We looked at the apartment. Small but very inviting since it had air conditioning.

Did I mention that Alabama was  HOT!  And MUGGY! This was not Northern Minnesota.

The apartment was furnished. We brought in our meager belongings and crashed.

The air-conditioner worked well. Our first night in our new home. Everything looked pretty good.

The next day we took the paycheck and went shopping for groceries, drapes and some liquid refreshments.

No, we couldn’t. Jacksonville was in a dry county.

The only way to get any booze was in a state store in Anniston or on base.

Our time in Alabama was always eventful or it wasn’t.

The morning we woke to a quarter inch of snow that stopped traffic dead in its tracks.

One of the first oddities we noticed as we took evening walks with our black dog.

There were huge openings under the curbs seemingly without a purpose.

Then we met our first rainstorm.

Water ran was roaring into our apartment, we were on a slope wouldn’t you know.

The parking area for our car was right outside our door and a speedbump directed the torrent of water right under our door.

Those high and wide holes in the curbs? The torrential rain had to be directed into storm sewers somehow and the high and wide gutters were necessary to meet that need. Even after spending two months in Missouri I had not seen these rains of biblical proportions!

Another was the grasshoppers.

We lived in a low area which supported a lot of creatures. The first one we saw looked almost like a red-winged blackbird. With a red flag on its shoulders, it seemed only slightly smaller in size.

I wrote about a few experiences from basic training in a blog post here.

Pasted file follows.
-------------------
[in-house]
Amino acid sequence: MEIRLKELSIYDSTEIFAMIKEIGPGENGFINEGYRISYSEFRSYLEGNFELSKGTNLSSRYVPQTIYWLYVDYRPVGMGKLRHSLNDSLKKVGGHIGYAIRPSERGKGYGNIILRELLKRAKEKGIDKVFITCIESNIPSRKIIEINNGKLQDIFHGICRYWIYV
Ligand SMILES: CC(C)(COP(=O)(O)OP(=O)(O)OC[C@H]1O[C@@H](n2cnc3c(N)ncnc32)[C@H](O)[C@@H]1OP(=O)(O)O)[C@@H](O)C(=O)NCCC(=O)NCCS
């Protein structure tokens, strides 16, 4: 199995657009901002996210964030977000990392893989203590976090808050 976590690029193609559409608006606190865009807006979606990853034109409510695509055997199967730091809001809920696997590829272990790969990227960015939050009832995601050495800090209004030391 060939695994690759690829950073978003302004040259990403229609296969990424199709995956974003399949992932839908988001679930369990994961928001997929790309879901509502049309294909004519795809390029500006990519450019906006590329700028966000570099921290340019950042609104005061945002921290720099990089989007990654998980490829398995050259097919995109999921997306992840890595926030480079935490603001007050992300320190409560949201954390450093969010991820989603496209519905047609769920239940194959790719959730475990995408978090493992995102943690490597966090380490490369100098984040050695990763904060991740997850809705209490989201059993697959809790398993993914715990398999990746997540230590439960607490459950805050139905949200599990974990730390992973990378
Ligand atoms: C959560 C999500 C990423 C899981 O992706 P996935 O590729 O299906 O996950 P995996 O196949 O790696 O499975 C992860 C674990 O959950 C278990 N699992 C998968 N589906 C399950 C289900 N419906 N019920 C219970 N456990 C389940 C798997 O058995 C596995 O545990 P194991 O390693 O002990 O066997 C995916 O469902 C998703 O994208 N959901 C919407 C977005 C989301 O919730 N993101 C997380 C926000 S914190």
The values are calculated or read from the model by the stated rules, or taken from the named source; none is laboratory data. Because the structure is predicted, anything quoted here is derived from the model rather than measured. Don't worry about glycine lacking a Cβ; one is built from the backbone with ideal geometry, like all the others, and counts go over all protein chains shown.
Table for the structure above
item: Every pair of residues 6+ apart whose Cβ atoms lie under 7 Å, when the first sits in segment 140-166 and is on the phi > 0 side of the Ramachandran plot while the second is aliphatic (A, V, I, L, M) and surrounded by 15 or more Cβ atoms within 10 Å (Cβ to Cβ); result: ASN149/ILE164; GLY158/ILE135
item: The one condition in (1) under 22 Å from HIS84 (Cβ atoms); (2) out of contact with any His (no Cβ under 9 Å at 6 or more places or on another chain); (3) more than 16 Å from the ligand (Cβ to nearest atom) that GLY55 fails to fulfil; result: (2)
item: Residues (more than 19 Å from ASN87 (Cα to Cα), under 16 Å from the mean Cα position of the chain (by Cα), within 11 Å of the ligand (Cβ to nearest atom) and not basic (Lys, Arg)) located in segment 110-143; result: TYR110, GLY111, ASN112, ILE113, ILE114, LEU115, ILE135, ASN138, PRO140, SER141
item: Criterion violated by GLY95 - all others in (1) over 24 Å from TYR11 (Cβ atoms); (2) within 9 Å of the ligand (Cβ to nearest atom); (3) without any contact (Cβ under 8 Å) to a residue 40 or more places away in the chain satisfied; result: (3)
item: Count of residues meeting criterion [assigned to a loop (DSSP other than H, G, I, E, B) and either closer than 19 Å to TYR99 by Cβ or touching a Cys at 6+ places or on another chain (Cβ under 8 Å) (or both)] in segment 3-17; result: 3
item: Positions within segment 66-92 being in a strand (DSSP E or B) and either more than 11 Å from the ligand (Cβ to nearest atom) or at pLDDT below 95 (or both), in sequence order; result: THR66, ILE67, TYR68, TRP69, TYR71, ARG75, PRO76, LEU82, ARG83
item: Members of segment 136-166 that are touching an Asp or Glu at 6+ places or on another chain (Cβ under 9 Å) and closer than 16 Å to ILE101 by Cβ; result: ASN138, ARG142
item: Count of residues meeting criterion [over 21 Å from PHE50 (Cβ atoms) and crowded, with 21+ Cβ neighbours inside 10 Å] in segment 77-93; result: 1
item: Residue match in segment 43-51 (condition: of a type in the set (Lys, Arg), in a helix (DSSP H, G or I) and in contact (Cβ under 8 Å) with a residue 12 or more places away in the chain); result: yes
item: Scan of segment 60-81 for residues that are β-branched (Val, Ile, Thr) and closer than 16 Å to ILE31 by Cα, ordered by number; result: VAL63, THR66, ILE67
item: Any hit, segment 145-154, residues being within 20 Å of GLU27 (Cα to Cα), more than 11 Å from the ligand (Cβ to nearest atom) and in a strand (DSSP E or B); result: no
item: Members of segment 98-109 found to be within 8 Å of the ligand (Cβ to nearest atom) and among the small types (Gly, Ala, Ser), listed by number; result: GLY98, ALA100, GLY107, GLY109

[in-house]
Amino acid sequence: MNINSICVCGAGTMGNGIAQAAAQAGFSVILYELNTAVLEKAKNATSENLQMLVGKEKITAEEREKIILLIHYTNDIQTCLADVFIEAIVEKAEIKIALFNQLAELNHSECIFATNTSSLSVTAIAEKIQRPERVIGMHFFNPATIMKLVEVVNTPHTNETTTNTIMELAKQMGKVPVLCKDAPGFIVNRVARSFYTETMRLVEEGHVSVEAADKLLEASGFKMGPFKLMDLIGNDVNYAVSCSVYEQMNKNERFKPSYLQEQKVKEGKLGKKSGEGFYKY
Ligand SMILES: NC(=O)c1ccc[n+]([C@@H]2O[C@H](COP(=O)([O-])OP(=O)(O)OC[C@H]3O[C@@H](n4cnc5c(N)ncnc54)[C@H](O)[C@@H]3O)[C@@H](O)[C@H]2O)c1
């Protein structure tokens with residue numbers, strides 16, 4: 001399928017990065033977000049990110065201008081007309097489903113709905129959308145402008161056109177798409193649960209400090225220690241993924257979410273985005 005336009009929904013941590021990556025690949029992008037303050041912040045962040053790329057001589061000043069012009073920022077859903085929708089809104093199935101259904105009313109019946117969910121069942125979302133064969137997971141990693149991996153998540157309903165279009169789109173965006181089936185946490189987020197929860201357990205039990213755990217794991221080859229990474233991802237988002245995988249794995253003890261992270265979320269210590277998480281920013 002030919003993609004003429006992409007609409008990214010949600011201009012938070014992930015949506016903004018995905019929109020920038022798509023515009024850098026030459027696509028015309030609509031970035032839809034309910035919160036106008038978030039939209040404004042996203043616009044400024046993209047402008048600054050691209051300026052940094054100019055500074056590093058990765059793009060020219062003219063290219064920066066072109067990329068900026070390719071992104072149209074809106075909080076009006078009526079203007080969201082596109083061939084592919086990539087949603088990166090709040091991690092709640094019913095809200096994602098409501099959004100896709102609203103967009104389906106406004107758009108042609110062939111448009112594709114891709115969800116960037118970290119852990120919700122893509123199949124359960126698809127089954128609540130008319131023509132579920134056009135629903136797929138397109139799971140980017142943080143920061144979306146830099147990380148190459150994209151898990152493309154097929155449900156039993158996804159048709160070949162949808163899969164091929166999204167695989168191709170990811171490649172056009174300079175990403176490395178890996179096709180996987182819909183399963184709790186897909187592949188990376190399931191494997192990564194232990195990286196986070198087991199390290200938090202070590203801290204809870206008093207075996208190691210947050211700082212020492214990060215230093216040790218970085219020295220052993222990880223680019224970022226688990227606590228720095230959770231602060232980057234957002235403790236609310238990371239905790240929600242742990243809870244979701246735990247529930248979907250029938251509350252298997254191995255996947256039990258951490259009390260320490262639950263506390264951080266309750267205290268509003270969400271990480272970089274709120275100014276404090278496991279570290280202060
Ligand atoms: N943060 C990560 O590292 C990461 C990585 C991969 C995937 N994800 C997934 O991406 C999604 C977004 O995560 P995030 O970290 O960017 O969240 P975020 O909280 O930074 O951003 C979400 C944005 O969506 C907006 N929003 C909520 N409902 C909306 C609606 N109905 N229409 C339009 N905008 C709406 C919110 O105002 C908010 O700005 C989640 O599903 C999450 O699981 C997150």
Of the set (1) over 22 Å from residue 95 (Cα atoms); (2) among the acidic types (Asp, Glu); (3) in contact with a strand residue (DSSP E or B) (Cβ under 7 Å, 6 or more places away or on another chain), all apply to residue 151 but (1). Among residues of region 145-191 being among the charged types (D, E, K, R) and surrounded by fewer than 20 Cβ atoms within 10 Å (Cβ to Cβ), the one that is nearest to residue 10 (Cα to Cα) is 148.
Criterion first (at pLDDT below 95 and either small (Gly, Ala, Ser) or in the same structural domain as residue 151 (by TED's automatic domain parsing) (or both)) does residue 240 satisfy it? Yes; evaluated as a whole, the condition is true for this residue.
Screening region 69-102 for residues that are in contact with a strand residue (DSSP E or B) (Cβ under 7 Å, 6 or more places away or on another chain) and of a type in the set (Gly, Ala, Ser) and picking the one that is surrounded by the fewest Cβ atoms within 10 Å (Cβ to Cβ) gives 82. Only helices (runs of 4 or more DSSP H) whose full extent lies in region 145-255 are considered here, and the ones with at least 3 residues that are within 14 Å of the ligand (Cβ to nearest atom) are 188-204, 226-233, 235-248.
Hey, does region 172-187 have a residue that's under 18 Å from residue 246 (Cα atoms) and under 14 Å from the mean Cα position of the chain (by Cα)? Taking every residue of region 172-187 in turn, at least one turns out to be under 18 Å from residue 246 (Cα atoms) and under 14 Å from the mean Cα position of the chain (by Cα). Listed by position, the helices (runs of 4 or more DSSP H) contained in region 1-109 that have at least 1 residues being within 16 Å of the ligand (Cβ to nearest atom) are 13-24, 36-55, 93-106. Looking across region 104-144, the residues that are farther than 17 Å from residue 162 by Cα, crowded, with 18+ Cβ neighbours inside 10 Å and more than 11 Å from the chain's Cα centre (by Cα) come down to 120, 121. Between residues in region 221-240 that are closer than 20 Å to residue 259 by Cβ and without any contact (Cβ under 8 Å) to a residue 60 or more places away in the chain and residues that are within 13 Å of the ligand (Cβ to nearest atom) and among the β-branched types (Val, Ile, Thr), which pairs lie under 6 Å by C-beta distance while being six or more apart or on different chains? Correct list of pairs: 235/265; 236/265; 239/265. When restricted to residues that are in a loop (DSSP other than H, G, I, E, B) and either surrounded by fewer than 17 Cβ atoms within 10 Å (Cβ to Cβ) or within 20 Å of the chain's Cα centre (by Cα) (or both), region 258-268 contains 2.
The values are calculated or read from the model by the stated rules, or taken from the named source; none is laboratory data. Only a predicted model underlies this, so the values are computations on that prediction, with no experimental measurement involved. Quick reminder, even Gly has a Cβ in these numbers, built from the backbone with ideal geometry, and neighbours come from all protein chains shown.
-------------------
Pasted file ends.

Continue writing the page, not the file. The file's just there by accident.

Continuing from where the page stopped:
While writing and re-writing that post I was thinking there may be enough material for another post or two.

We had some interesting times, running out of gas on a trip home for Christmas, driving up a mountain for a party which featured a huge metal watering trough filled with ice for a cooler.

“Bring your own beer but we have a place to chill it”!

We were a dog, a cat, and two best friends off on our first adventure of married life. And to think, Uncle Sam was paying us on top of it.

I think I’m going to have to make you wait for my book.

Seriously this is probably much longer than Bryan was thinking when he offered the invitation.

I know it is longer than what you want to read in one sitting. So I will close here. It seems a reasonable place.

If I do write future articles on this topic I will post on the Class of 67 page.

Y’all were so kind to acknowledge our service and that of the other classmates who were veterans by honoring us with the fabulous quilts.

If you will send me the contact information to the people that made the quilts I will acknowledge the great work they did.

I am going to sneak in our thank you to our sons for their service. They did the heavy lifting. They enlisted in the Marine Corps for their duty to their country. Thank You.

Craig and Becky

Fort Leonard Wood Missouri Basic Training – Different Uniforms Now but Same Drills

Welcome To and First Stage Barracks

Gas Mask ‘Experience’ and “Cattle Cars’ for long distance travel on base
Obstacle Course, Weapons Training and Testing

LEST WE FORGET

Veterans of the Wars in Iraq and Afganistan:

200,000 Veterans are Homeless Each Night

1 in 5 Veterans Suffer PTSD

20 Veterans Commit Suicide Each Day